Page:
The Adventure of the Copper Beeches
First published in: The Strand Magazine, June 1892
Time frame of story (known/surmised): A cold morning in early Spring (given). Occurred after other 4 cases mentioned (SCAN, TWIS, IDEN, NOBL). Month & year not stated.
H&W living arrangements: H&W sharing bachelor quarters at 221B.
Opening scene: H&W discussion after breakfast regarding Watson’s literary treatment of Holmes’ cases. Letter received requesting appointment from potential client, who had been a governess and needed a new position. Wanted Holmes’ advice on whether she should or should not accept a situation which had been offered. Holmes initially unhappy with the trivial nature of request, laments that the days of the great cases may be past.
Client: Violet Hunter, a young lady with a bright, quick face, freckled like a plover’s egg, and a brisk manner. Holmes perked up.
Crime or concern: Client was concerned about governess position offered her because of the unusually high salary, the curious conditions (including cutting her luxurious chestnut hair), and the light duties, all of which seemed to be most unusual.
After two weeks on the job as governess for little Edward , client was “not easy in her mind about her employers.”
It turned out Rucastle had imprisoned his daughter to prevent her marrying her suitor which would keep him from her income, and hired Holmes’ client to impersonate the imprisoned daughter and drive away the suitor.
Villain: Jephro Rucastle, of The Copper Beeches, a prodigiously stout man with a very smiling face and a great heavy chin which rolled down in fold upon fold over his throat.
Motive: The daughter, Miss Alice, had rights of her own by will, and Rucastle needed to use her money. Alice’s suitor hung around despite her brain-fever, which had kept her for six weeks at death’s door. Violet Hunter’s dress, disguise, and postures of disdain were meant to discourage the suitor, the disagreeably persistent Mr. Fowler.
Logic used to solve: Overall arrangement looked like Miss Hunter was hired to impersonate someone. Many obvious reasons to believe the job offered was not on the up-and-up.
Holmes’ fees: no mention
Transport: H&W took a train at half-past nine, arriving Winchester at 11:30.
Mr. Rucastle drove client in his dog-cart to his country house, known as The Copper Beeches.
Food: H&W took lunch with client at the Black Swan, an inn of repute in the High Street in Winchester, at no distance from the station. The client had engaged a sitting-room, and lunch awaited them upon the table.
Drink: no mention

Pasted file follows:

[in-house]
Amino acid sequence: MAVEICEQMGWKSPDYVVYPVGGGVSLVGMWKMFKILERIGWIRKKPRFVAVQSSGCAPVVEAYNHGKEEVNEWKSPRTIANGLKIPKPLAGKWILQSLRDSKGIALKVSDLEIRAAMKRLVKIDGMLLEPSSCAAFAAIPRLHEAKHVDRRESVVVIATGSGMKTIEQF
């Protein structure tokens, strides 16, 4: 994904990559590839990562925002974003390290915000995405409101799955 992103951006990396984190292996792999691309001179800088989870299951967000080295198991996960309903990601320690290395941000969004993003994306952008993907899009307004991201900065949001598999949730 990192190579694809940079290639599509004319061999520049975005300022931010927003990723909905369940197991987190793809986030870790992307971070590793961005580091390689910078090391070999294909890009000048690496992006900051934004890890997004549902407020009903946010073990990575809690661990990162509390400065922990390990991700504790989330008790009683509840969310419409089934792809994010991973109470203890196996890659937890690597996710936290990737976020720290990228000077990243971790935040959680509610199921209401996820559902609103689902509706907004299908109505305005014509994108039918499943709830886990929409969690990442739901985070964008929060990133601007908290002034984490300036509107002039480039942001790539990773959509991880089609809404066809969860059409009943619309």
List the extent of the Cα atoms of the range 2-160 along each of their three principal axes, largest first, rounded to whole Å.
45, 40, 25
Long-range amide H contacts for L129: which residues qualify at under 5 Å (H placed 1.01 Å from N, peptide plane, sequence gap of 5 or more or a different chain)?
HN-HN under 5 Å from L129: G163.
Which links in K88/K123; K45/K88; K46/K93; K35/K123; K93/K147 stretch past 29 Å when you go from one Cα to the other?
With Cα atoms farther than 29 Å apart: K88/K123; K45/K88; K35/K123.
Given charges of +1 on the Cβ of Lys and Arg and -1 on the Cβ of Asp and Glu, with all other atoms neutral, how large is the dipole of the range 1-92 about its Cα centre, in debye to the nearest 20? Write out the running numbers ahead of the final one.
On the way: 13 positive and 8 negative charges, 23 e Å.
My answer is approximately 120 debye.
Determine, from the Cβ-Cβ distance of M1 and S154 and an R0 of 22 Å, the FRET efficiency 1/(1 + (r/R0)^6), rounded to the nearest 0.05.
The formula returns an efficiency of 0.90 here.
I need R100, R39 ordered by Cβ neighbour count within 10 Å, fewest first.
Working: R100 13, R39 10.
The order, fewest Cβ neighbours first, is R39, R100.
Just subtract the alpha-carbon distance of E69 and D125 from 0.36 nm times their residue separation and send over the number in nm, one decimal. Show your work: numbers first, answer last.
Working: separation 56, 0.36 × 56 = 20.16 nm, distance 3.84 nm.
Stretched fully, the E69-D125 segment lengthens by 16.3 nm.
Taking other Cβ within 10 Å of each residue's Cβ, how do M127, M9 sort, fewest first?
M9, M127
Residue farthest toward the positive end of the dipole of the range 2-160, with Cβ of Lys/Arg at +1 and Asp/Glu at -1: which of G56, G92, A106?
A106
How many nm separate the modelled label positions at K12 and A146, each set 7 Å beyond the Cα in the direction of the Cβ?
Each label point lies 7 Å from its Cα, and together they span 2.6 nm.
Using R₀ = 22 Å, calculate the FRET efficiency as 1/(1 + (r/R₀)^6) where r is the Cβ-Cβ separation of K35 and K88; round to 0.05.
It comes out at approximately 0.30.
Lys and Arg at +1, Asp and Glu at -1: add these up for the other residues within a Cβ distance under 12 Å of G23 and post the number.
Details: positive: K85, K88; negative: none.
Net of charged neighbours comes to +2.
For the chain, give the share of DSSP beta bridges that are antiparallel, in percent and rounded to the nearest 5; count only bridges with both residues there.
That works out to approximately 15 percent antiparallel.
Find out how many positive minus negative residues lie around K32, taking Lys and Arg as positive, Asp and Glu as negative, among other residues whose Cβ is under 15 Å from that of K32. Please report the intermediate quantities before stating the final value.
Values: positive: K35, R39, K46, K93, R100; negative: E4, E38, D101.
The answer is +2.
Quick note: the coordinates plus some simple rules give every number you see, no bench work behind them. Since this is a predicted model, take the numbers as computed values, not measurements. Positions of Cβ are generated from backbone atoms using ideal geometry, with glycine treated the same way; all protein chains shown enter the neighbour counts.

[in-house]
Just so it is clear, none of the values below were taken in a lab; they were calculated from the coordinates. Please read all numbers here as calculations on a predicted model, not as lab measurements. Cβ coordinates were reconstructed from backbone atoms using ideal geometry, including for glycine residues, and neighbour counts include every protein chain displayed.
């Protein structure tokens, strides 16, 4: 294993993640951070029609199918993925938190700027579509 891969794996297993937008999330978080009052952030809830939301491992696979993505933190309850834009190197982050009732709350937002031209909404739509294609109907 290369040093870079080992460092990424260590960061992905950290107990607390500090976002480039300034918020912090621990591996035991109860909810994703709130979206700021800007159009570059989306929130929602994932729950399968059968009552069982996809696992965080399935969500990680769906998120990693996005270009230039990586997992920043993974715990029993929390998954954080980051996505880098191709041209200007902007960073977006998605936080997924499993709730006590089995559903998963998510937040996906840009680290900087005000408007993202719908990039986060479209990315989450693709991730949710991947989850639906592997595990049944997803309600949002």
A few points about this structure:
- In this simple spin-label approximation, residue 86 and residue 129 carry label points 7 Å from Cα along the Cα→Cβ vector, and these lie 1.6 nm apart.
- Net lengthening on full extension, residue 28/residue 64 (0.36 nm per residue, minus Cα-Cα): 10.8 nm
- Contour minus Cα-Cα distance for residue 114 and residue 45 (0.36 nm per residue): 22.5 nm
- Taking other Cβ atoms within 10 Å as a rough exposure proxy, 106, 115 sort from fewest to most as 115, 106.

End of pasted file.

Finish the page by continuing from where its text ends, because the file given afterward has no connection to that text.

Vices: SH smoked his long cherry-wood pipe which was wont to replace his clay when he was in a disputatious rather than a meditative mood
Other cases mentioned: SCAN, TWIS, IDEN, & NOBL. All published cases.
Notable Quotables: “ . . . there was an exhilarating nip in the air, which set an edge to a man’s energy.”
“I was repelled by the egotism which I had more than once observed to be a strong factor in my friend’s singular character.” -JW
Data! data! data!” he cried impatiently. “I can’t make bricks without clay.” -SH
“The lowest and vilest alleys in London do not present a more dreadful record of sin than does the smiling and beautiful countryside . . . Think of the deeds of hellish cruelty, the hidden wickedness which may go on, year in, year out, in such places, and none the wiser.”
“Oh, tut, tut! sweating — rank sweating!” “Tut, tut” – Rucastle
Other interestings: Violet Hunter had been previously employed by Colonel Spence Munro.
Another Munro in the Canon is the hop merchant Grant Munro, in YELL. There was also the Stark Munro letters, a non-Holmes work by Doyle. Lots of Munros.
Rucastle’s daughter by first wife had moved to Philadelphia. This connection inspired the naming of the prestigious Scion Society, The Sons of the Copper Beeches, in Philadelphia.
Holmes’ hypothetical sister: “lt is not the situation which I should like to see a sister of mine apply for.”
When all was said and done: Rucastle, attacked by his own mistreated dog, survived as a broken man, cared for by his wife. The suitor, Fowler, and the daughter, were married and took a government position in Mauritius, an island in the Indian Ocean east of Madagascar. Violet Hunter became the head of a private school at Walsall, where she met with considerable success. To Watson’s disappointment, Holmes manifested no further interest in her when once she had ceased to be the centre of one of his problems.